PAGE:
By Lakhram Bhagirat
If you are an avid social media user or reside in the Cuyuni-Mazaruni Region then the name Malcolm Hinds must be a familiar one or you may have come across one of his breathtaking photos.
The young photographer is talent personified but what makes him more unique is that he is constantly focused on improving his product. Though just entering the world of photography less than two years ago, Yusuf Malcolm Israil Hinds has cemented himself among the go-to photographers in this country.
However, the journey to getting to where he is today has not been a smooth one. He believes all those challenges have somewhat shaped him into the complete being that he is today.
While he enjoys the confidence of his clients whenever they book him, he is always cognisant of what needs to be done and looking for various ways to improve his skillset.
The 25-year-old is currently employed as a Medical Records Clerk apart from being a photographer/visual artist.
He grew up in Second Avenue Bartica with his parents and siblings and was the second child for his father and sixth for his mother. His childhood was the quintessential Guyanese childhood with lots of games and fun times with his siblings and friends.
Things began changing when Malcolm started secondary school.
“I started high school when I was 11 and I never liked my high school, because I was picked on and always made fun of because of my appearance. I didn’t come from a financially stable home so it was very hard for us, but my parents always made sure I was fed,” he remembered.
The young man persevered and eventually graduated from secondary school. He then went on to Essequibo Technical Institute (ETI) where he thought that he would have had a better experience.
“I always made friends easy but they’d always pick on me or made fun of me and I never really liked it so I started to stop hanging out with them. At age 15 I graduated from high school and started ETI. I really thought it would’ve been different from high school but it was really the same experience I got,” he said.
Malcolm never got the opportunity to complete his studies at ETI because of his parents’ financial situation. He came back home on break one term and never returned to complete his studies.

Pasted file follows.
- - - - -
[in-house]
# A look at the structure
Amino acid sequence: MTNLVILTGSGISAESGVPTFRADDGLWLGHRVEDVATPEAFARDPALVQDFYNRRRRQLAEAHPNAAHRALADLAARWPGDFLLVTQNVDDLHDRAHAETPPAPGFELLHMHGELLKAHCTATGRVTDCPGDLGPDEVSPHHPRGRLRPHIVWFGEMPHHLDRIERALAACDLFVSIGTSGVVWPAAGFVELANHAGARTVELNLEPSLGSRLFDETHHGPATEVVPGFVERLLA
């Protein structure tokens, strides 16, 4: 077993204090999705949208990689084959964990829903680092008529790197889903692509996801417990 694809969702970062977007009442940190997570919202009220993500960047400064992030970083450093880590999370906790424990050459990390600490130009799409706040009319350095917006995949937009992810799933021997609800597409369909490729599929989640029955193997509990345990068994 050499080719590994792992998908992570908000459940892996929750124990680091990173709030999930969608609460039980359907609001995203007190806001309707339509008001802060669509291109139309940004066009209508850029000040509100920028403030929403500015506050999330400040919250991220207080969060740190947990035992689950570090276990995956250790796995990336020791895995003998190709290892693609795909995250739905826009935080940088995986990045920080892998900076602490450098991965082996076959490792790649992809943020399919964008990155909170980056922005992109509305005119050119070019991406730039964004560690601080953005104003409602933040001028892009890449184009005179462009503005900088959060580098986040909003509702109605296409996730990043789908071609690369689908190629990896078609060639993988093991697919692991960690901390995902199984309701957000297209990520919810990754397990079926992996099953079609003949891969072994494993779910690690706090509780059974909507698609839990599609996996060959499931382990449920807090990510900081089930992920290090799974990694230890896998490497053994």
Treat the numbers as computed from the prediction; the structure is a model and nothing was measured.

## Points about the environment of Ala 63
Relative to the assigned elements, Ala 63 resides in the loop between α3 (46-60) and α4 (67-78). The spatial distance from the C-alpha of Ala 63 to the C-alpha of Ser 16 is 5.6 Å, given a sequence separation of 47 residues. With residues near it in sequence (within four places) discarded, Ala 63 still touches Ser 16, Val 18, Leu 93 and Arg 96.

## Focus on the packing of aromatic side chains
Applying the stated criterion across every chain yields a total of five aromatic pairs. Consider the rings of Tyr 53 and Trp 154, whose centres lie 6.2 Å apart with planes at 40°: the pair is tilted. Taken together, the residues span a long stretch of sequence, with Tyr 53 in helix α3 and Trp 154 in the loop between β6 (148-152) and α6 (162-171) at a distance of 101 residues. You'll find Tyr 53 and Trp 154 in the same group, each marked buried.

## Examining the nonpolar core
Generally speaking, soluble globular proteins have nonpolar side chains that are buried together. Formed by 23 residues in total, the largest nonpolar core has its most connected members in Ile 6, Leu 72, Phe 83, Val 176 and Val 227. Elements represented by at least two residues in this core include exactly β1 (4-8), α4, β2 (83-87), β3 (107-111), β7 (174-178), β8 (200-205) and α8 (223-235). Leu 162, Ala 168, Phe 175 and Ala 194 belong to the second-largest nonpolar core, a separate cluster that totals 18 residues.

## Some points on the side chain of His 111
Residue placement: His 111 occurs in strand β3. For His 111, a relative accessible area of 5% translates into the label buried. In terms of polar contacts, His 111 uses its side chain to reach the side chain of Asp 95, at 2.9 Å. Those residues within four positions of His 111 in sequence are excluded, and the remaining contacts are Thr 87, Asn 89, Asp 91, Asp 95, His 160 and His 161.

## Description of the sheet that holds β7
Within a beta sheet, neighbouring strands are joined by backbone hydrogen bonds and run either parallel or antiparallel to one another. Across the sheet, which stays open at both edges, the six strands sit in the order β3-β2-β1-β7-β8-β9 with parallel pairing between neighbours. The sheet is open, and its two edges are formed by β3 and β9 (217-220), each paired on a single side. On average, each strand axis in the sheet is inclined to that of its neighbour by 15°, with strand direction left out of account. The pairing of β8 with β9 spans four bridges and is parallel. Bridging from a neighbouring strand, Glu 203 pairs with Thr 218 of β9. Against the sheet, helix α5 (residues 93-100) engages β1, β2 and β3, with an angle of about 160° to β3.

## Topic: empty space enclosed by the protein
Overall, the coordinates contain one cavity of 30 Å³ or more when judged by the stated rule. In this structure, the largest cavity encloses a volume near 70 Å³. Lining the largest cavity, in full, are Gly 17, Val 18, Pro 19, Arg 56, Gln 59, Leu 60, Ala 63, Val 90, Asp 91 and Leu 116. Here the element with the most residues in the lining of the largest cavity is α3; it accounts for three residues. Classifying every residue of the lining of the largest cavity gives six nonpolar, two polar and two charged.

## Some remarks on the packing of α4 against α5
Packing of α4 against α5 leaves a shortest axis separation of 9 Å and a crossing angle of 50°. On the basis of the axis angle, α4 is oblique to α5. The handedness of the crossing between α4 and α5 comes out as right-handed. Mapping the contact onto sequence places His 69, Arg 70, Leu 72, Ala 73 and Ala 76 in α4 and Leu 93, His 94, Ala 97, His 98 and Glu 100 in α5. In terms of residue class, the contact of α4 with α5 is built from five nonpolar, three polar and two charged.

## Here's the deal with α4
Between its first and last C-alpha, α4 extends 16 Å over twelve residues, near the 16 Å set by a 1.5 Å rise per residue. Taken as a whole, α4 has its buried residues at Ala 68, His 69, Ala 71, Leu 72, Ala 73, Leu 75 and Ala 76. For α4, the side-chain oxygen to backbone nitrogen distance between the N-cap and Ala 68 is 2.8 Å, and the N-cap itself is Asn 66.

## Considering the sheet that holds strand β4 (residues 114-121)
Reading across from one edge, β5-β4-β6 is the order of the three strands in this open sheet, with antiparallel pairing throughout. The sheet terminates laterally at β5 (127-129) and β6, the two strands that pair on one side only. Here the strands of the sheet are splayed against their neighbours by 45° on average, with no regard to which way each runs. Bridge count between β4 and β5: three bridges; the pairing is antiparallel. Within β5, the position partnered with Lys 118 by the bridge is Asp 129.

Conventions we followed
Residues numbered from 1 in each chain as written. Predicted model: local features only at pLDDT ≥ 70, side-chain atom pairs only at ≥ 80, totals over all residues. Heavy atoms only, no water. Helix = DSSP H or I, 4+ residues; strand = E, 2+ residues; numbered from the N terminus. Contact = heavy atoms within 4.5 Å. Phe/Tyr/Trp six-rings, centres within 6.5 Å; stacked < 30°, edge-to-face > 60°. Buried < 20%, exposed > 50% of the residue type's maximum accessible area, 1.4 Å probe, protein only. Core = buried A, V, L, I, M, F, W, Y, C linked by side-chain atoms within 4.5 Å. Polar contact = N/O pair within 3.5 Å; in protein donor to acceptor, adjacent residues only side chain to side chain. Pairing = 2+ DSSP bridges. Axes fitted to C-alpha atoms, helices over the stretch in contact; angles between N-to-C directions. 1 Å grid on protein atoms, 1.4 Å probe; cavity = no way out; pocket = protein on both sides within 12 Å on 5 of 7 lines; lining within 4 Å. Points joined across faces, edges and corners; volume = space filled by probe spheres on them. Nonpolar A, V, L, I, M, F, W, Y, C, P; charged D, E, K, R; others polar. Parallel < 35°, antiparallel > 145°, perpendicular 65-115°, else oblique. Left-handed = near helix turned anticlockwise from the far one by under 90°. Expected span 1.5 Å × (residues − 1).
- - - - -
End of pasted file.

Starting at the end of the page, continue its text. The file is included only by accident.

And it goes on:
For him, the interest was never in photography. It was something he had no knowledge about or intentions of pursuing. Rather, he loved and still loves music.
“I use to always been into music. I used to record for people as a music producer/sound engineer at Bottom House Records owned by Carlos Prowell. I recorded for many international artists too. I’ve recorded for people such as Natural Black, Duane Stephens and Lil Million among others,” Malcolm told the Sunday Times.
After school, his first job was as a porter at the Bartica Hospital and he also worked as a receptionist at a hotel in the township. The young man, at that time, was already living on his own in the studio so he had to “hustle”.
Malcolm got into photography by what he described as a bizarre incident. He had bought a Samsung Galaxy S8 phone and just started taking what he thought would be regular images and one of his photos was featured on Gordon Moseley’s page which basically introduced him as a photographer.
“What got me into photography was the love people give me for the images I’d take out with my phone. One of my photos even was featured on Gordon Moseley page before and after that I was booked for a wedding by someone in my region. But I had to explain to them that I had a phone not a professional camera but the person said that they loved my photos so much that they’d still pay me to be there. I invited 3 of my close friends and we went together and after the wedding I was paid $5000. I split the money between my friends afterwards,” Malcolm reminisced.
From that point, it instilled the idea that photography was a viable avenue for him so the following year, he bought his first camera. However, he had to make some sacrifices to acquire the funds to purchase a professional camera. He sold his gaming laptop and the very phone that got his photos recognised.
Malcolm then purchased a Nikon D3400 and began the journey as a photographer.
“Right now, photography means everything to me. It has given me a platform where I get to be as creative as I want and I am paid for it. Honestly, I’ve come to love this profession.”
The young photographer’s style encompasses all aspects of photography. While he never received formal training, he is not reluctant to ask for help when needed. His university, right now, is the world of YouTube where he would learn by virtue of trial and error.
“The challenges in this profession I’ve faced are mostly is in the business aspect of it whereas people don’t wanna pay. When I was now starting off, people would call me on short notice to do weddings and always, I’d end up not being paid for my time and service,” he said.
Every photographer gets to be a part of very special moments of people’s lives. They are there to immortalise that moment and over the span of his short career, Malcolm has immortalised a whole lot of moments.
The ambitious young man is hoping to open his own photo studio in the near future as well as the recording studio so he can re-enter the world of sound engineering.
“Don’t expect anything to be handed to you, work smart and hard as possible. Get involved with a lot of online courses and don’t focus on the gears but focus on learning on what you have first,” he advised.
You can connect with Malcolm on Facebook: M.Blitz Photography; Instagram: mblitzphotography; and WhatsApp +592-604-6834.